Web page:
MapReduce Implementation of a Multinomial and Mixed Naive Bayes Classifier

MapReduce Implementation of a Multinomial and Mixed Naive Bayes Classifier

Sikha Bagui (The University of West Florida, USA), Keerthi Devulapalli (University of West Florida, USA) and Sharon John (University of West Florida, USA)
Copyright: © 2020 |Pages: 23
DOI: 10.4018/IJIIT.2020040101


This study presents an efficient way to deal with discrete as well as continuous values in Big Data in a parallel Naïve Bayes implementation on Hadoop's MapReduce environment. Two approaches were taken: (i) discretizing continuous values using a binning method; and (ii) using a multinomial distribution for probability estimation of discrete values and a Gaussian distribution for probability estimation of continuous values. The models were analyzed and compared for performance with respect to run time and classification accuracy for varying data sizes, data block sizes, and map memory sizes.
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Naïve Bayes (NB) classification is robust and effective in practice and over the years this classifier has had a wide variety of applications in many complex domains such as text classification (Korpipaa et al., 2003; Yuan et al., 2012), document classification (Viegas et al., 2015) and sentiment analysis (Dei et al., 2007; Narayan et al., 2013). This probability-based classification model is easy to use for discrete values. But, in today’s Big Data era, we have to deal with more and more data that has continuous values, and this has become a major challenge. Of course, the first major implementation goal of the NB classifier in today’s Big Data environment is to use a parallel processing environment, and fortunately NB classifiers are naturally amenable for parallelization since the probability counts estimation for each attribute can be determined independent of each other.

In Hadoop’s MapReduce environment, the NB classification model for discrete values can be implemented with two MapReduce jobs, one for constructing the model (learning phase) and the second for applying the model on unlabeled data (test phase). The parallel NB implementation is not as straightforward for continuous values. For continuous values, there are two options: (i) discretizing the continuous values, or, (ii) using the Gaussian distribution probability density function. In this paper, the first method is referred to as the Discrete/Multinomial NB model and the second method is referred to as the Mixed NB model:

  • 1.

    Discretizing the continuous values and then building the NB model with the discrete values. This option requires an extra pre-processing step of discretizing the continuous values. This extra step could be time consuming and resource intensive for Big Data. On the MapReduce platform, chained MapReduce jobs become resource intensive since the output of every MapReduce job has to be stored on Hadoop’s Distributed File System (HDFS). Based on the chosen discretization algorithm, the discretization process can take one or more MapReduce jobs;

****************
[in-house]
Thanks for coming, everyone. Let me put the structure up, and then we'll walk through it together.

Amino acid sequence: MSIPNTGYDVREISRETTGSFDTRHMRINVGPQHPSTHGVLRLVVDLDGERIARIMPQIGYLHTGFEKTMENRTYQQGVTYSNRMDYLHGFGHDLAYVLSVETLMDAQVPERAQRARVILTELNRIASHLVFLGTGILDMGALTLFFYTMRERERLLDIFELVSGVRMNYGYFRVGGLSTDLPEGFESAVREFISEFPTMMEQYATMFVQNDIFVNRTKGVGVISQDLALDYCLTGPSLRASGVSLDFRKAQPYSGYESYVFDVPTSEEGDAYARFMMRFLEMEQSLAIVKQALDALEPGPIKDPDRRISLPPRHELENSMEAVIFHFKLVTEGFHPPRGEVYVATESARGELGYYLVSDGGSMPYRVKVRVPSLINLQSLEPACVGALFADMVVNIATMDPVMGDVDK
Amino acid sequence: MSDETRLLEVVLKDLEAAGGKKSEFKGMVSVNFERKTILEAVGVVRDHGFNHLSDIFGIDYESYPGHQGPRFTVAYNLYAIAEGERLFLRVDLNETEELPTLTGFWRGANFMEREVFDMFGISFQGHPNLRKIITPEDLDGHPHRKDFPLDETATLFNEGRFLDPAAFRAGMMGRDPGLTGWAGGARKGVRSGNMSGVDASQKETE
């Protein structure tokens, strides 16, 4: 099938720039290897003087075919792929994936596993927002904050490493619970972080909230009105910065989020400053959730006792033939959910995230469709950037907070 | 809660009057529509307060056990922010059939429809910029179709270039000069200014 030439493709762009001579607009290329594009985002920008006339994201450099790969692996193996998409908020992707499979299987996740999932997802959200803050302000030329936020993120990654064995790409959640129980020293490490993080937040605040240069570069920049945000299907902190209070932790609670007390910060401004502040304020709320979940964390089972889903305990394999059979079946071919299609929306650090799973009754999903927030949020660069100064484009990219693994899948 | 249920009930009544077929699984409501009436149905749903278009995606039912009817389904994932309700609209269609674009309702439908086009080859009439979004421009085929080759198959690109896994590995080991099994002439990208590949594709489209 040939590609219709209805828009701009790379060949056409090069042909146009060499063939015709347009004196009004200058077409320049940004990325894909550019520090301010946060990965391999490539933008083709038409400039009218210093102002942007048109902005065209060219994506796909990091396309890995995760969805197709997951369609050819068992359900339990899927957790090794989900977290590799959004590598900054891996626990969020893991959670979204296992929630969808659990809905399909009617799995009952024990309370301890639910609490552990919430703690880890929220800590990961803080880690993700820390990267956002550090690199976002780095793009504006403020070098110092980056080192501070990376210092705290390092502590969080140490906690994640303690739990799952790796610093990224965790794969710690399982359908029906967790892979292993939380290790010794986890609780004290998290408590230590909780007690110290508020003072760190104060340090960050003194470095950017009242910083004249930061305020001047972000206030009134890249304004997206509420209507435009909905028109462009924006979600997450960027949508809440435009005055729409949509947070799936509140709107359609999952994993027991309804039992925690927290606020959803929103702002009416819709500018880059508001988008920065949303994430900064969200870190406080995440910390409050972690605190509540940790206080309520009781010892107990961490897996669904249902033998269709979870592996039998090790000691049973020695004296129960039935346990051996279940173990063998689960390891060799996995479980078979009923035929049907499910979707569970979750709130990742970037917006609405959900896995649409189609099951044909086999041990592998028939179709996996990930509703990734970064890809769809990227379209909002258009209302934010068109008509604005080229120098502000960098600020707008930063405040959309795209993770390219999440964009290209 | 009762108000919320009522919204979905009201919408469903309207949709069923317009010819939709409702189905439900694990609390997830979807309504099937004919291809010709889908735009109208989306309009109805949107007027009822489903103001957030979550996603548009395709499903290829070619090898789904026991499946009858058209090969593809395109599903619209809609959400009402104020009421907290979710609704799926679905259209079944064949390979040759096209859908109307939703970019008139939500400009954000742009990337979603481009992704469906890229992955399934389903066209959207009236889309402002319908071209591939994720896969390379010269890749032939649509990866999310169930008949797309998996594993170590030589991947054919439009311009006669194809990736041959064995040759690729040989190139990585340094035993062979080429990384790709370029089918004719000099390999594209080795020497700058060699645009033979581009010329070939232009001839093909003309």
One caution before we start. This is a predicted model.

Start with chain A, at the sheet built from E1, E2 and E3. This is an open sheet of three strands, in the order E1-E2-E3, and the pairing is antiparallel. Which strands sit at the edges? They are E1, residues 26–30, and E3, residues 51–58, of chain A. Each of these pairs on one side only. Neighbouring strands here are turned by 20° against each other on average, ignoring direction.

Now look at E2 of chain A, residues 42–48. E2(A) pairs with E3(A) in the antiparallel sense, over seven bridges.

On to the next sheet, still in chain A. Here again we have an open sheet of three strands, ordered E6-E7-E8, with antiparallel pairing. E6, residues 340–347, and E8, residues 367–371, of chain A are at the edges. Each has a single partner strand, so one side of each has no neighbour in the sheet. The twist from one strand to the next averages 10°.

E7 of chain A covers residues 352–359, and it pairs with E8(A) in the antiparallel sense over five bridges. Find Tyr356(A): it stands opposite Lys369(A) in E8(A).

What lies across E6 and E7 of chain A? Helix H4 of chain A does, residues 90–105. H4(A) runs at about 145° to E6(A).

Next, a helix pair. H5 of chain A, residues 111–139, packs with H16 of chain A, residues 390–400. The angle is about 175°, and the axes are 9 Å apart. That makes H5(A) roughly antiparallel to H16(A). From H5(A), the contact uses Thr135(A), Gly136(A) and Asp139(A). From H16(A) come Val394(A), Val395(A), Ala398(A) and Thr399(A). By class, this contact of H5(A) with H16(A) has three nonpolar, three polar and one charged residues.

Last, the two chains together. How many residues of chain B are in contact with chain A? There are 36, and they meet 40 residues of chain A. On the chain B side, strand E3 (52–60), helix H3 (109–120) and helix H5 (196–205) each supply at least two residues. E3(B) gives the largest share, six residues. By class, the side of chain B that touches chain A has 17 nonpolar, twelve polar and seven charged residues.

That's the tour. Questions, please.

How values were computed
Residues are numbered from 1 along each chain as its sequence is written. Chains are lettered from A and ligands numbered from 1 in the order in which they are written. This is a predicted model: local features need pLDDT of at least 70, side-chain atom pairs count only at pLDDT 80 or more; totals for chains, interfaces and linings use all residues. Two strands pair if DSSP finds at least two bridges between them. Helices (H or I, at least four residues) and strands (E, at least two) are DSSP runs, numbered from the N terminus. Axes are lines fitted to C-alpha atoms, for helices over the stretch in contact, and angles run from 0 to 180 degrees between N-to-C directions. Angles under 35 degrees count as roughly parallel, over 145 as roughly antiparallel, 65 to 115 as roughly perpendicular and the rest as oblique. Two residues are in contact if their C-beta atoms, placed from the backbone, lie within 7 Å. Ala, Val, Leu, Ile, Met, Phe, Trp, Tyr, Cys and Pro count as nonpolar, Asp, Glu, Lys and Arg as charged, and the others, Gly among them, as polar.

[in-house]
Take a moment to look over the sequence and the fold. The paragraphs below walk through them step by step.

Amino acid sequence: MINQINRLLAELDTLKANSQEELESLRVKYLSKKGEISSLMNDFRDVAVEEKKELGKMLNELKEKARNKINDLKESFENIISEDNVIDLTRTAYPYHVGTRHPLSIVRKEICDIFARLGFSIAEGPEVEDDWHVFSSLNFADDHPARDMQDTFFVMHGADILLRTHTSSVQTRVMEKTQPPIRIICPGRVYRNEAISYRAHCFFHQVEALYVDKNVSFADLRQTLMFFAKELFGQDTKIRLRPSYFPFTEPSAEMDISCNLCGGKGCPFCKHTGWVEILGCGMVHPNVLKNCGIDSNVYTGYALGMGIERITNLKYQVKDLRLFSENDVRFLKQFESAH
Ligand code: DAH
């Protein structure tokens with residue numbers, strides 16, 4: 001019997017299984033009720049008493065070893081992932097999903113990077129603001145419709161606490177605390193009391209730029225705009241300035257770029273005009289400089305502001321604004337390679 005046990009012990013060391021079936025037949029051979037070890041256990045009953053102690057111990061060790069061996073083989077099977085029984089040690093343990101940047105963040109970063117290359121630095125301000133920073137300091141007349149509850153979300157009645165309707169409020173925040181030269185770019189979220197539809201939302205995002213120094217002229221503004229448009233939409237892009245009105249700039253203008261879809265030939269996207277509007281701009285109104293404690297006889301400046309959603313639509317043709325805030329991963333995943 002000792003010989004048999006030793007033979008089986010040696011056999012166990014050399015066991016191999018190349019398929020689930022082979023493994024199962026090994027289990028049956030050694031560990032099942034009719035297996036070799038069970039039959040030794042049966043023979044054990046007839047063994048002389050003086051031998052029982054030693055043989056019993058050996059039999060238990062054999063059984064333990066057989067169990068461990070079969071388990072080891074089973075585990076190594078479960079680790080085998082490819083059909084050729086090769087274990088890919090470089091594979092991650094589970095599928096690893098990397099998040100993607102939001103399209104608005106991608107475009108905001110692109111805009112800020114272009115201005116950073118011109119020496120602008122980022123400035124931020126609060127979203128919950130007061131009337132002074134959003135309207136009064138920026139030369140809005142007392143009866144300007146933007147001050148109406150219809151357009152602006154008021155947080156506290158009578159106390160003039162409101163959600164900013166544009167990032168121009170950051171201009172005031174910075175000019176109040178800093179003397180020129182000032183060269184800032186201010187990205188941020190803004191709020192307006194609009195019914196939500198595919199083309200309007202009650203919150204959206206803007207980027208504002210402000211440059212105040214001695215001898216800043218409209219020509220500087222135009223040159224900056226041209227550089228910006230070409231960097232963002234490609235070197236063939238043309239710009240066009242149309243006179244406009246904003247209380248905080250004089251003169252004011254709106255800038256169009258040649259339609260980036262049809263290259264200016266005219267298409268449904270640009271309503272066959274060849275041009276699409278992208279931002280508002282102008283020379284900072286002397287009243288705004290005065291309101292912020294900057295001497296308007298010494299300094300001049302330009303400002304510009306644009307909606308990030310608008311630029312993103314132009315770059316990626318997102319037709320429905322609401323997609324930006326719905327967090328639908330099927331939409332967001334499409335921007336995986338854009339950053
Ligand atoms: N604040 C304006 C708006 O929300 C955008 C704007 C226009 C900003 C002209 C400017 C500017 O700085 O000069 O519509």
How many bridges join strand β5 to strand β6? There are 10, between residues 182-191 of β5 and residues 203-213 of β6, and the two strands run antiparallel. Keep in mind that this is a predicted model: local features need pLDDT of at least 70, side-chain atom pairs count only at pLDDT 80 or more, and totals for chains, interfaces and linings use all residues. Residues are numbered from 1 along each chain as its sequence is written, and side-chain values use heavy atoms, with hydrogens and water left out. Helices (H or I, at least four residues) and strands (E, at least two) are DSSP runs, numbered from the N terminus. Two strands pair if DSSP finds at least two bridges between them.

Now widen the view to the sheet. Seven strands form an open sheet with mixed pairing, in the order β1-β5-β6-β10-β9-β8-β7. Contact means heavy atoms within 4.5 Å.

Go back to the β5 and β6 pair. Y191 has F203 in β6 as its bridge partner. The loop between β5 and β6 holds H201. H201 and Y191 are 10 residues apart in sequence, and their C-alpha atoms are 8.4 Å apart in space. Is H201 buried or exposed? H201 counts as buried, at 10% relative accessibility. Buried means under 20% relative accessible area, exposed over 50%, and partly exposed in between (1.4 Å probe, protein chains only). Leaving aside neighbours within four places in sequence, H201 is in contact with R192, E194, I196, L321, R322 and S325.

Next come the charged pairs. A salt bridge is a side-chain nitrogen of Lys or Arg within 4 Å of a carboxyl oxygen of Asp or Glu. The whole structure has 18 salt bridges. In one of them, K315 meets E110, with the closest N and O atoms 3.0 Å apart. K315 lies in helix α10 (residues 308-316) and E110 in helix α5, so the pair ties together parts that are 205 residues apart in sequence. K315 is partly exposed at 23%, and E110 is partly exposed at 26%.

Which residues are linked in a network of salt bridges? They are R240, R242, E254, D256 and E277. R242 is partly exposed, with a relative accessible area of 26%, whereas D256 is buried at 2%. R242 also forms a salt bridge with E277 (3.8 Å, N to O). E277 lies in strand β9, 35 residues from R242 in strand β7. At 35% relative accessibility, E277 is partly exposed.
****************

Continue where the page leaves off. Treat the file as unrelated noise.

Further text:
• 2.

    Using the Gaussian distribution probability density function for continuous values. This model, referred to as the Mixed NB model, handles both continuous as well as discrete values. For discrete values, the Multinomial distribution is used for probability estimation, and for continuous values, the Gaussian distribution is used for probability estimation. This method does not require a pre-processing step. Here the NB model can be built in one MapReduce job and the model can be used for classification in another MapReduce job. Hence this model requires a lesser number of MapReduce jobs than the Discrete NB model.

The main contribution of this study is to present a way to efficiently deal with discrete as well as continuous values in Big Data. The paper implements and compares the parallel implementations of both the Discrete and Mixed NB models for a very large dataset containing a mixture of the continuous and discrete values on Hadoop’s MapReduce platform and evaluates the performance of both models.

The organization of the paper is as follows. Background knowledge of the Naïve Bayes model is presented in section 2 followed by the theory behind the two event models in the subsections. Section 3 presents a review of the literature. Actual implementation details are discussed in section 4. Section 5 presents the experimental setup and results and a discussion of the results and finally section 6 presents the conclusions of the study.


With respect to the parallel implementation of the NB algorithm, He et al. (2010) and Zhon et al. (2012) implemented the NB classifier in a parallelized environment for handling large categorical datasets. They significantly improved their efficiency over the serial NB algorithms.

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